With all the acclaim garnered in Daredevil season 2 and the announcement of a spin-off Netflix series, it was only logicial to see old Frank get a new series. So how does the opening go? Let’s find out.
Written by Becky Cloonan
Illustrated by Steve Dillon
FRANK CASTLE LOSES CONTROL! A by-the-numbers drug bust is about to take Frank Castle by surprise…and he HATES surprises. The horrible fallout threatens to send The Punisher into the heart of darkness, but Castle won’t make that journey alone: A DEA agent is on his trail and attempting to get into his head…but what horrors will she find there, and will she survive the experience?
Do you know what stuck out the most for me in this issue? The fact that, even with all the violence in this book (and there is a load of it), Marvel still felt it necessary to bleep out most — but not all — the swearing in it. Even with that Parental Advisory! Not for Kids! nonsense on the cover, it’s okay for eyes to be plucked out or some dude to be bludgeoned to death with a cinder block, but then to go and decide to break tone with a good old round of spamming the Shift + Numbers on your keyboard? I mean, it could be a commentary on the kid-friendly facade Disney/Marvel tries to put on in spite of the mass amounts of violence that is the Marvel Universe, but I don’t know if that’s truly intentional.
Anyway, now on to what goes on in the issue. I have to commend Cloonan on something here and that’s keeping Frank sparse throughout this issue. Yes, it’s called “The Punisher” and obviously it stars him, but he’s less a character in this issue and more a force of nature. The majority of the focus is actually on a group of drug dealers and a group of D.E.A. agents about to conduct a raid. Like any good horror movie, Cloonan allows us the time to get to know the victims before the killer comes to do what a killer does.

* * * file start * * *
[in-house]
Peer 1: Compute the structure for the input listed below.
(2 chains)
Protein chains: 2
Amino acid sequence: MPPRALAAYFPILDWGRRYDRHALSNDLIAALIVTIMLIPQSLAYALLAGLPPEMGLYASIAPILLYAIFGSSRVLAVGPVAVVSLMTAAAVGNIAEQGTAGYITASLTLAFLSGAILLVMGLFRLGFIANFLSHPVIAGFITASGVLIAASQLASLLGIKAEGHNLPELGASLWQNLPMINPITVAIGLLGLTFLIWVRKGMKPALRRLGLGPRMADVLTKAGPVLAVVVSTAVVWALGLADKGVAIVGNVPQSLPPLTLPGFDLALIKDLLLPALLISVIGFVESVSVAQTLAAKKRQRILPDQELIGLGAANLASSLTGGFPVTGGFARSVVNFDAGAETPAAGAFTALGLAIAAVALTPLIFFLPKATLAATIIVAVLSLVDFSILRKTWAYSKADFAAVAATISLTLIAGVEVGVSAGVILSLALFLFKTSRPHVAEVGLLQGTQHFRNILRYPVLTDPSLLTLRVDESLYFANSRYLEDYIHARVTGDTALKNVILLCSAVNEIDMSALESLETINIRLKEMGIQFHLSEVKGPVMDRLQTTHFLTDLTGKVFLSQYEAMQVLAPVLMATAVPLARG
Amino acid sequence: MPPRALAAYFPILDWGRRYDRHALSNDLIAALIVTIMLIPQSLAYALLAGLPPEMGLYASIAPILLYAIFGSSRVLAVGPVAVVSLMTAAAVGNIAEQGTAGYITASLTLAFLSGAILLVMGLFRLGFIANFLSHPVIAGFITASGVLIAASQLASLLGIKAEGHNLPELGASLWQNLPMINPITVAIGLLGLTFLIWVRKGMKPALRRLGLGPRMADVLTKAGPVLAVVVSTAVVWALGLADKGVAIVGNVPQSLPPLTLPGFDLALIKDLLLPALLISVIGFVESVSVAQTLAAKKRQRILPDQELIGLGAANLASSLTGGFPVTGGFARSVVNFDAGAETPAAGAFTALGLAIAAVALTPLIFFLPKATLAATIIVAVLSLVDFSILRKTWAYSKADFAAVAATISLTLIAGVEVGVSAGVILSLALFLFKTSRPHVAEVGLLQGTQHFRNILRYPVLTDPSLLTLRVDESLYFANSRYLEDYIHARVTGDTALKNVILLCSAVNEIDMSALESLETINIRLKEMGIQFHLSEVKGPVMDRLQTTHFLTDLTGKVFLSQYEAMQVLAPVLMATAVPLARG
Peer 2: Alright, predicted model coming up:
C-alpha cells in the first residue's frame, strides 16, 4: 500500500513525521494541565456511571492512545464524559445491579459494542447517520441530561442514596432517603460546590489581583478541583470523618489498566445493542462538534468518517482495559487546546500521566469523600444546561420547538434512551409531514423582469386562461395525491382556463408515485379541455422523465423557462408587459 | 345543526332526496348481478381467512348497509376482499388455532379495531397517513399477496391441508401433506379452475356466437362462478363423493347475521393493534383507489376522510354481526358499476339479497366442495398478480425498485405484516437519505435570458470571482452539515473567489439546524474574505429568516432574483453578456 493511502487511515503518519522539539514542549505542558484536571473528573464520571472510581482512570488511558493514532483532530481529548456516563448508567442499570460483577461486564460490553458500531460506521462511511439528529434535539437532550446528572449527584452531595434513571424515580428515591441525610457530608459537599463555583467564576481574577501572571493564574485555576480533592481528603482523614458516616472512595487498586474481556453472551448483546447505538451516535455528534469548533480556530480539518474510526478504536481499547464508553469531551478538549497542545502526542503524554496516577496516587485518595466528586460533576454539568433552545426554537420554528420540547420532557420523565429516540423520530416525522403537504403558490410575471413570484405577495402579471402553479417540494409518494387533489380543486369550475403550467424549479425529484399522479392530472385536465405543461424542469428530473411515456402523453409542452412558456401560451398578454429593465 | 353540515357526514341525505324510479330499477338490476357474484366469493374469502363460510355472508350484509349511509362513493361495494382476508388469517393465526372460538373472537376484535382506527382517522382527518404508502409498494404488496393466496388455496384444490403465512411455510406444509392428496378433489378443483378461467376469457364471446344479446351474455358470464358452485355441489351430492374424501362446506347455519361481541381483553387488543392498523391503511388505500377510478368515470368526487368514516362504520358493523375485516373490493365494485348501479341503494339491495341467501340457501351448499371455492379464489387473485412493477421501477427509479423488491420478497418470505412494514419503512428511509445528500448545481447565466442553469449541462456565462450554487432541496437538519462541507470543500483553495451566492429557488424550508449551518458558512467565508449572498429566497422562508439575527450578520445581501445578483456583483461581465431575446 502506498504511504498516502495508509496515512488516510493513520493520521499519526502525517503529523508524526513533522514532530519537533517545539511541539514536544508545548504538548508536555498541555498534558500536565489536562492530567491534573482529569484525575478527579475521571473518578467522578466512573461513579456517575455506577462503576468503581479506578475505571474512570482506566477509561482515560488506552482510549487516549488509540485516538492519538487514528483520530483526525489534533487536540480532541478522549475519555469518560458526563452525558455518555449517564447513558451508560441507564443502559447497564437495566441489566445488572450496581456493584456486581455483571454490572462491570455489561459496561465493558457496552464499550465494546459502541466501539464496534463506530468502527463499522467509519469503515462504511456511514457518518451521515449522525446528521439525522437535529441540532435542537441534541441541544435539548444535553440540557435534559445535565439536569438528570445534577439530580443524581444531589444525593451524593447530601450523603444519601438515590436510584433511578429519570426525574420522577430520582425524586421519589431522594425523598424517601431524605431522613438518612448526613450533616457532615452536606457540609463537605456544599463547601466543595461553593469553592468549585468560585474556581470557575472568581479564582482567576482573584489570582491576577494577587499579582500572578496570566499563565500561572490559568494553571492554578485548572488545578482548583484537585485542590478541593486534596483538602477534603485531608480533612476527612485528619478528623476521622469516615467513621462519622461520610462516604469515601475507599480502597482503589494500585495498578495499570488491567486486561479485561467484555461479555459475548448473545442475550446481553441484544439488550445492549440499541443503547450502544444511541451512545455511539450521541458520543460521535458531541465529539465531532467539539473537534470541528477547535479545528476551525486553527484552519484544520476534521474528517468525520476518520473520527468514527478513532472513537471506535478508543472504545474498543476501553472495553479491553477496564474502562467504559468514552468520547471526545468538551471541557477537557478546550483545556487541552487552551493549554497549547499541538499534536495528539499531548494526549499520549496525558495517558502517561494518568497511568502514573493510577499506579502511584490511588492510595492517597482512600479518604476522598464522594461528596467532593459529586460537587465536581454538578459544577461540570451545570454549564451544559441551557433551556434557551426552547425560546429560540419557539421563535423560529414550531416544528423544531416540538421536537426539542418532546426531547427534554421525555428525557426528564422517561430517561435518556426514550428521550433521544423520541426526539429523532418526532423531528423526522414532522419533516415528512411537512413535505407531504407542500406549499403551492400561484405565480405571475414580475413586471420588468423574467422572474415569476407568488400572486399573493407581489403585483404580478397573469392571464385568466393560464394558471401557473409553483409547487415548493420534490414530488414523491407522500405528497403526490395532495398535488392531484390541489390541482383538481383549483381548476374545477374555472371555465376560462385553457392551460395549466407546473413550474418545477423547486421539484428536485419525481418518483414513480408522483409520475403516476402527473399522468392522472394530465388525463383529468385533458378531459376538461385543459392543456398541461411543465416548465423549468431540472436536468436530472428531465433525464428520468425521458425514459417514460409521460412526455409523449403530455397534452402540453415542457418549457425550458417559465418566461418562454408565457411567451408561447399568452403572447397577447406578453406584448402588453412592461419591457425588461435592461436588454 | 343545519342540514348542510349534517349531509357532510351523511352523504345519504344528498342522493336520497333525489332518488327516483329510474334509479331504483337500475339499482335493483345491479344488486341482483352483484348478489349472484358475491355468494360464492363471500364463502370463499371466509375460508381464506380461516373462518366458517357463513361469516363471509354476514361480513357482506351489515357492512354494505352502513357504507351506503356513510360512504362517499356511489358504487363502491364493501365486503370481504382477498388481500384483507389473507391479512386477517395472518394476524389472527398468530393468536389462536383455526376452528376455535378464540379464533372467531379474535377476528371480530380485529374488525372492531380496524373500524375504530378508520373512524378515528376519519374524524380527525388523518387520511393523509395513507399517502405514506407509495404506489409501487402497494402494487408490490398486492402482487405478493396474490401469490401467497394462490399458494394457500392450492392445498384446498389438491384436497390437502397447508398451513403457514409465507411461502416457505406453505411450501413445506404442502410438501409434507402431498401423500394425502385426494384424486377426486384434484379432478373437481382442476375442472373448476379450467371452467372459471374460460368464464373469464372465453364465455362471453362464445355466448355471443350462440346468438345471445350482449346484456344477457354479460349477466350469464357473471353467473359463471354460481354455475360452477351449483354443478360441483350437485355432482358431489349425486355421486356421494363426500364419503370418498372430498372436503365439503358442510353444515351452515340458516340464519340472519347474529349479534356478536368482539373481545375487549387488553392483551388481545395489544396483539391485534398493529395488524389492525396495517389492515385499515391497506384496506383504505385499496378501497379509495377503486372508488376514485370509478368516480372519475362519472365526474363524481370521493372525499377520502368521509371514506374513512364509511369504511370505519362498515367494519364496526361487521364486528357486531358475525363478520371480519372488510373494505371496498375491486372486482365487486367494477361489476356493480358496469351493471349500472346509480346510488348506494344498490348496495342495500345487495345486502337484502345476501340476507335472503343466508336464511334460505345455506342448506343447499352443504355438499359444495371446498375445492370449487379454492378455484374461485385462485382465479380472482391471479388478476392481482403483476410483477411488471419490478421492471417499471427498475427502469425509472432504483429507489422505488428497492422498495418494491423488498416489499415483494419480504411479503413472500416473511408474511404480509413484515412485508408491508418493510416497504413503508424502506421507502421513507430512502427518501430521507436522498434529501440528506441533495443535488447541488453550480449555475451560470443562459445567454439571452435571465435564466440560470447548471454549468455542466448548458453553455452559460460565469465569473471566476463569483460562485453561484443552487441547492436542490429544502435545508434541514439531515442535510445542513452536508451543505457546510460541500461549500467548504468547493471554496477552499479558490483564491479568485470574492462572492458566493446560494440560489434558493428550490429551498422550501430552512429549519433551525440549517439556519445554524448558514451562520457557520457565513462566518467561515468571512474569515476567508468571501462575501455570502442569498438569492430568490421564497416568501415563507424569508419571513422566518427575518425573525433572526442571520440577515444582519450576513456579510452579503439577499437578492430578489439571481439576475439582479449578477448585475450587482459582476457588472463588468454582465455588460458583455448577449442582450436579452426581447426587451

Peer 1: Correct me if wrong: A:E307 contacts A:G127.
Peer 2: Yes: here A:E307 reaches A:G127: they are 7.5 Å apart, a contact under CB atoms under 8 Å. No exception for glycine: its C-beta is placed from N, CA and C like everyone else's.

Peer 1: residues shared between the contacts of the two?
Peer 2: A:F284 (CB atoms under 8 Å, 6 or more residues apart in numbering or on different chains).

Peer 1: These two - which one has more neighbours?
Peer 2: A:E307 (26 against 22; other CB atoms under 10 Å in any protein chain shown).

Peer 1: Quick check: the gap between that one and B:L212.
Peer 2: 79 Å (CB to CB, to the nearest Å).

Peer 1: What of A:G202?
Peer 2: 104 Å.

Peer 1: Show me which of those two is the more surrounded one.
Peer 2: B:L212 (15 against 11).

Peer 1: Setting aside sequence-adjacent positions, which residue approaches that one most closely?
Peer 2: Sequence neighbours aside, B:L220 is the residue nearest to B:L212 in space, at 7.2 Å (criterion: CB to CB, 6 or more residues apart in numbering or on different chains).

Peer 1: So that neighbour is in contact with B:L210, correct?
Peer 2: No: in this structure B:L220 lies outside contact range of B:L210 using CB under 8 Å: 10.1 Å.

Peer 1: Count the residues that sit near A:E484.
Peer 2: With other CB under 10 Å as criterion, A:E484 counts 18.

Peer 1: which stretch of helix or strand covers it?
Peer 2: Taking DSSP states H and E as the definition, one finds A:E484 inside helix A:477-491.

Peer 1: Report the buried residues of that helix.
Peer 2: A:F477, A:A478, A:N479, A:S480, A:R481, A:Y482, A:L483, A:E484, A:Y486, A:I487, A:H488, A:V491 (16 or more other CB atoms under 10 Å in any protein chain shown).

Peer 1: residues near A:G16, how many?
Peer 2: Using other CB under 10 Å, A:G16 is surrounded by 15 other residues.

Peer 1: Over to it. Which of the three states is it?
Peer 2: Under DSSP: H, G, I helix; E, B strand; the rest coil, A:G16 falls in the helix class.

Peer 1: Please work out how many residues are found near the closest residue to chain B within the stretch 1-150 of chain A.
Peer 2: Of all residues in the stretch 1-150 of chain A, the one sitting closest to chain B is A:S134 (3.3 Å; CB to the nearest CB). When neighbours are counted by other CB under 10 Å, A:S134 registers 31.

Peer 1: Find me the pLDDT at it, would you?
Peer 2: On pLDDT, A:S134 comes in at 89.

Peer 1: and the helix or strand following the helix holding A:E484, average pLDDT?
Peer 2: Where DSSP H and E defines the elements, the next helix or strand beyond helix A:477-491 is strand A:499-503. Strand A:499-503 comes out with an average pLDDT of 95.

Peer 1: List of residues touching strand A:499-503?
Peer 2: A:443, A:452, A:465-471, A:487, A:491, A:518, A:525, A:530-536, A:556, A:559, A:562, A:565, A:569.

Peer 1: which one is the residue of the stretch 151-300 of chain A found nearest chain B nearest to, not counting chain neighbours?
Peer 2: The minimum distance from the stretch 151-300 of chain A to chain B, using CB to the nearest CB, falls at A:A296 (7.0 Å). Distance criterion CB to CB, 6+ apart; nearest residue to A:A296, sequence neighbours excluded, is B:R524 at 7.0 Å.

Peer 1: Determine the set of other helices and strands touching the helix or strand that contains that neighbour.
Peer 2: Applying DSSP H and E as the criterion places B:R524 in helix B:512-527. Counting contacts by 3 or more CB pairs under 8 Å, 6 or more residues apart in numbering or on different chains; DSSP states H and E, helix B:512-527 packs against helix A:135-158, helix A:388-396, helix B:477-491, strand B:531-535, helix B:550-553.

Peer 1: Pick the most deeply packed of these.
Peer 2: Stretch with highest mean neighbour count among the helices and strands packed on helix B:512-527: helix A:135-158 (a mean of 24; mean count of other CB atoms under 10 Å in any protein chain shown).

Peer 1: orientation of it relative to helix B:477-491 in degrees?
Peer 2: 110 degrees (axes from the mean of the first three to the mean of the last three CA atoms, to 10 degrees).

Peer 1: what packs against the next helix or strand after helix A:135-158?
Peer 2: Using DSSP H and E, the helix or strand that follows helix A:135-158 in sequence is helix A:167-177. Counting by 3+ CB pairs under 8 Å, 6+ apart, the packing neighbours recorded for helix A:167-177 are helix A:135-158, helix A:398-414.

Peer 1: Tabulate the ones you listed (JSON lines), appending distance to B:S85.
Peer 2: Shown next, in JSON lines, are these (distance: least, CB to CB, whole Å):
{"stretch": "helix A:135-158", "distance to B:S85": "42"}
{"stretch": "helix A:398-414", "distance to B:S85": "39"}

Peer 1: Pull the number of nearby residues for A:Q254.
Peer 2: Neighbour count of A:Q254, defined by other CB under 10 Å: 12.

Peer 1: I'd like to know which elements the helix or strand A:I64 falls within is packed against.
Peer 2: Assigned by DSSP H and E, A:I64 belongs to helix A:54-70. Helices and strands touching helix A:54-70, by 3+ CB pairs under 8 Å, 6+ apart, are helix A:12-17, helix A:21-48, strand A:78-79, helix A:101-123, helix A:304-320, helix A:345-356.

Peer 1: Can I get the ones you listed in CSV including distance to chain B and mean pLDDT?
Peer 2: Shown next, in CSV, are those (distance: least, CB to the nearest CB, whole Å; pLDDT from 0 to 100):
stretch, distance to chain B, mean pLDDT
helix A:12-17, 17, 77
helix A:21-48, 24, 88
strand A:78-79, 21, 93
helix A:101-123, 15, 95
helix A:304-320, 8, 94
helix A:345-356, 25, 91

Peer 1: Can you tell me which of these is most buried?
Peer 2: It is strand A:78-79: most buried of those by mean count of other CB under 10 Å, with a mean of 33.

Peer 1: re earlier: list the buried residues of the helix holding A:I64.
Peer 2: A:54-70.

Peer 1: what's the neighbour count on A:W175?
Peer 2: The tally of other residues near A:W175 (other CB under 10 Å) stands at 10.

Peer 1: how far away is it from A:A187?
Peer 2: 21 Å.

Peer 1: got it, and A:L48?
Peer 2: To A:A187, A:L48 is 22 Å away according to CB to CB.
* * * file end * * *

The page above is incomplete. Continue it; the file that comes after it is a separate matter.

And like any good Punisher story (at least in my opinion), it doesn’t try to paint Frank like a hero or justify his actions. Years back, I used to be very Anti-Punisher, just in concept. But as I’ve grown and read more, I can respect the character and find him fascinating even if what I think he does is completely abhorrent.
Steve Dillon will go down as one of the greatest Punisher artists of all time. I mean, he has to, right? He’s probably drawn more Punisher issues than any other artist out there. That being said, Dillon’s art here is serviceable, capable of not only being able to bring the visual brutality involved with such a book, but also is ability to bring the “Crazy Eyes.” It’s something I’ve always found very interesting with his art: that look found on wigged-out psychopaths where their eyes bulge in sadistic glee. Combining that with colorist Frank Martin’s much more earthy tones, it serves to really ground this book and bring out the terror.
All that said though, I have to admit — and maybe it’s because Dillon is on this book and so synonymous with the character — this felt like a very safe issue. The basics are all here with just little tidbits of story to come. If you are a Punisher fan, you’ll get your fix. And while I am going to keep going for a bit to see where it goes, I was hoping for a bit more to push the concept a little bit.
Final Verdict: 6.4- It’s The Punisher being The Punisher.